Leslie Jones was a staff photographer for the Boston Herald Newspaper for nearly 40 years, starting in 1917. Over that time he shot hundreds of thousands of images of a city on the move and in constant evolution. As it was the ‘teens when America really got obsessed with wheels, cars, and the pleasures of all things automotive, it was also that era when inexperienced operators in flimsy machines were involved in crashes. These crashes ranged from somewhat comical fender benders to horrifying affairs with parts of people, cars, and property spread over large debris fields.
During this time when the below photos, now archived at the Boston Public Library, were taken, there was no licensing process for drivers. Literally anyone that could afford a car was able to drive it, no matter what their level of proficiency or ability was. The cars in the below photos were obviously operated by people who were low in both proficiency and ability.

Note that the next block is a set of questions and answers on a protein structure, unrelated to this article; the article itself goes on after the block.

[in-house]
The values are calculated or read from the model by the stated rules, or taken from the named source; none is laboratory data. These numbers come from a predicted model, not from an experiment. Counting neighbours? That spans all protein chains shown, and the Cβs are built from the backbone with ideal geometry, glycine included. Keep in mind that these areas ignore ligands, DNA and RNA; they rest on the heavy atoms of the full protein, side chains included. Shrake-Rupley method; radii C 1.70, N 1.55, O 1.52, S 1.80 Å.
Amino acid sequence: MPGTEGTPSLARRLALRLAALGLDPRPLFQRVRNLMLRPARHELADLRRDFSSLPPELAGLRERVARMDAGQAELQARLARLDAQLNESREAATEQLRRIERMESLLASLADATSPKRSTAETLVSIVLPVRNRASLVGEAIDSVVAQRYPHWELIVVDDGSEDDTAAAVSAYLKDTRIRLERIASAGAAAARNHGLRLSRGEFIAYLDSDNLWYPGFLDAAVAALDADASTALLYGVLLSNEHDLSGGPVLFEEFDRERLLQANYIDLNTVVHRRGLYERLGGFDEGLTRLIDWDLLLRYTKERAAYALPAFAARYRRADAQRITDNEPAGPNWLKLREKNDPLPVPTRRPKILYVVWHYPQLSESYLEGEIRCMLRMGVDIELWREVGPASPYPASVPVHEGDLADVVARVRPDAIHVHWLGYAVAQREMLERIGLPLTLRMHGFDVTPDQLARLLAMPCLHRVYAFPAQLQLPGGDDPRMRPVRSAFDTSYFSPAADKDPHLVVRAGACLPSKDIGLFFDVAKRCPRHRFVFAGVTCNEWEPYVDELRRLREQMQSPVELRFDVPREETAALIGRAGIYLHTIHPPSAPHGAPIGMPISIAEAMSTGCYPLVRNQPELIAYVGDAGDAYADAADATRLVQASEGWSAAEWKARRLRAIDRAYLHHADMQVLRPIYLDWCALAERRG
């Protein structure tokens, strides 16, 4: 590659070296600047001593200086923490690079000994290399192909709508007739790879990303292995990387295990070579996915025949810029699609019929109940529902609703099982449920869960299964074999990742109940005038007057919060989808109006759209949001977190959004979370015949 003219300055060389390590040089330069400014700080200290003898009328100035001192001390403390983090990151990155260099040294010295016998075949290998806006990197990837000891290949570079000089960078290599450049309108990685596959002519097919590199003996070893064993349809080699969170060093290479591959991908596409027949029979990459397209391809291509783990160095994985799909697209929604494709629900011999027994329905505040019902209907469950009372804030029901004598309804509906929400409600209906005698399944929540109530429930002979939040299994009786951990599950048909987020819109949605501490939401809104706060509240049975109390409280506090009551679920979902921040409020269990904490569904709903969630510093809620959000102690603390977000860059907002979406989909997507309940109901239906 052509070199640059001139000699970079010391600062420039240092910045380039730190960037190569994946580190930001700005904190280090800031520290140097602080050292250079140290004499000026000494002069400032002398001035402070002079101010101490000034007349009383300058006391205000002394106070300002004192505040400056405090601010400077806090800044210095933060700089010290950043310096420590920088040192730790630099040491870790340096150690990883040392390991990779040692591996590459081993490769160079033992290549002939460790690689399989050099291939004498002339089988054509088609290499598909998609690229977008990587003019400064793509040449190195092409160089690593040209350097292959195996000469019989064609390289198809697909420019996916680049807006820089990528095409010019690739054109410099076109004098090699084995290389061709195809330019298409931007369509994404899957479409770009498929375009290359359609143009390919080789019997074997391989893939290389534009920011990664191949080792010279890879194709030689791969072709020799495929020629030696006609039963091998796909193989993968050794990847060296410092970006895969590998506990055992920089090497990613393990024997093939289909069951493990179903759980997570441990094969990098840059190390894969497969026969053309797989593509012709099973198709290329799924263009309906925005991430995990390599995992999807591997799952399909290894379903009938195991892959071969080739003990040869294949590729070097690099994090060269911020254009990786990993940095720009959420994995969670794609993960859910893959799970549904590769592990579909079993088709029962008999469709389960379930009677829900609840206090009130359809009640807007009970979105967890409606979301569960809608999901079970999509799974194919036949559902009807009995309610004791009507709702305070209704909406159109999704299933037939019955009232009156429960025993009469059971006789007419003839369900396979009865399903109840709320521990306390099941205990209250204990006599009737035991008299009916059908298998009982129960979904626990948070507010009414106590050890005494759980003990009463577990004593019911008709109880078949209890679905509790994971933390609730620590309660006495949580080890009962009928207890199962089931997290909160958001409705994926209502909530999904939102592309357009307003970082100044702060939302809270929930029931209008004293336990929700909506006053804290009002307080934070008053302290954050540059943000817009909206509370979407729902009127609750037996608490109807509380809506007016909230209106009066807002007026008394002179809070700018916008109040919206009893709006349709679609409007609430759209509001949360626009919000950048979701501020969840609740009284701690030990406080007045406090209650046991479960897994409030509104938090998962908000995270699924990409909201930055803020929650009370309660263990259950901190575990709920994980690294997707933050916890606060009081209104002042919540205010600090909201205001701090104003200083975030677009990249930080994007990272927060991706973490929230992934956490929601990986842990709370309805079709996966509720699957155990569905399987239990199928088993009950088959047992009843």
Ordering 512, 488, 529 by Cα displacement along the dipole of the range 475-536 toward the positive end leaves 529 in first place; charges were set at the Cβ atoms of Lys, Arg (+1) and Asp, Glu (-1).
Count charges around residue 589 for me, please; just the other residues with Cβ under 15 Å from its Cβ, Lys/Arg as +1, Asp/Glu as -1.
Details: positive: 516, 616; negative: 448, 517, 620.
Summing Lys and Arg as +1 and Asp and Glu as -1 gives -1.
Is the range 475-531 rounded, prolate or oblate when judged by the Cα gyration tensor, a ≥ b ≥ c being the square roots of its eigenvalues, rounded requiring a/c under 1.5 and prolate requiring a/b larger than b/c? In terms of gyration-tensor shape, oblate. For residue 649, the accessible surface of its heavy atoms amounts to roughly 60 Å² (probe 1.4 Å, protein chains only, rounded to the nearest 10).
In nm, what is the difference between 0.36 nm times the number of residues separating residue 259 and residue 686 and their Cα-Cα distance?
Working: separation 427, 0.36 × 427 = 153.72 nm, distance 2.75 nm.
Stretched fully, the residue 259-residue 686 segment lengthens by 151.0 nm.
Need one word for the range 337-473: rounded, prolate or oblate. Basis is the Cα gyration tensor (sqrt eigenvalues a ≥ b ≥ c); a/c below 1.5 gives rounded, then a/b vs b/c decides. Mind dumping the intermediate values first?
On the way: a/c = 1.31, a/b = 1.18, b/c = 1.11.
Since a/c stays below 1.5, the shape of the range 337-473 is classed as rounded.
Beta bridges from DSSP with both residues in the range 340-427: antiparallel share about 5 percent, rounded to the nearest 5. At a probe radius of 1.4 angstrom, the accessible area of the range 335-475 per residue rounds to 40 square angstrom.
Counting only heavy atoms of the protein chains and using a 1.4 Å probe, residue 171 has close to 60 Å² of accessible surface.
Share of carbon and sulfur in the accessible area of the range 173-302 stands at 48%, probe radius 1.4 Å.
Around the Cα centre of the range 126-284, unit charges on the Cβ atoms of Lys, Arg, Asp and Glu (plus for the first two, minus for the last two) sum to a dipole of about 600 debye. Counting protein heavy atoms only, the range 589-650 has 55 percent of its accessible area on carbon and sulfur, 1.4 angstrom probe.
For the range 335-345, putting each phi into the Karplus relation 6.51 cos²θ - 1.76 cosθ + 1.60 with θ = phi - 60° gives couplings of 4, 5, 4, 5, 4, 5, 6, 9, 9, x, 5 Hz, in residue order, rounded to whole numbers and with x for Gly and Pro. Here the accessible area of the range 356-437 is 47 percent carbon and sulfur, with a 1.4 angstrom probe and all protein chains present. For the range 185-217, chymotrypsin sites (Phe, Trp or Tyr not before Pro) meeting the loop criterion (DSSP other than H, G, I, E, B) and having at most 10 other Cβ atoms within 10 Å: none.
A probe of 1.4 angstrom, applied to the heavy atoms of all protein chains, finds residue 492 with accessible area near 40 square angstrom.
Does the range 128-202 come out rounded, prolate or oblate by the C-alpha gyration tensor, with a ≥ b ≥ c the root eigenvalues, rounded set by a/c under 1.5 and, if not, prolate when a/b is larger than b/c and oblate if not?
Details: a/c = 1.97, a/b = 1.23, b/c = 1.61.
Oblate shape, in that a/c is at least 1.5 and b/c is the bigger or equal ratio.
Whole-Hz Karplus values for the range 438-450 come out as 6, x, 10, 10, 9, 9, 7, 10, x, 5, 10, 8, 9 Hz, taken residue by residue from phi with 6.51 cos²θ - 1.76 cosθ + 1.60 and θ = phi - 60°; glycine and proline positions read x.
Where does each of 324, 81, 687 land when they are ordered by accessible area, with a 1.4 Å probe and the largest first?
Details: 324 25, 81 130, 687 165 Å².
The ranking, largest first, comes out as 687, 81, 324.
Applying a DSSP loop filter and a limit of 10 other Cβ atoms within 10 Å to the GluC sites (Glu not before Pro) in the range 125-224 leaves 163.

There’s not much more to say other than scroll down and enjoy this journey of twisted steel through the streets of pre-WWI Boston. It is both history lesson and cautionary tale. It also makes us happy that we didn’t live back then. It seems that no one was safe at any time or in any location!
Thanks to Malc for the tip!
Scroll down to see some amazing photos!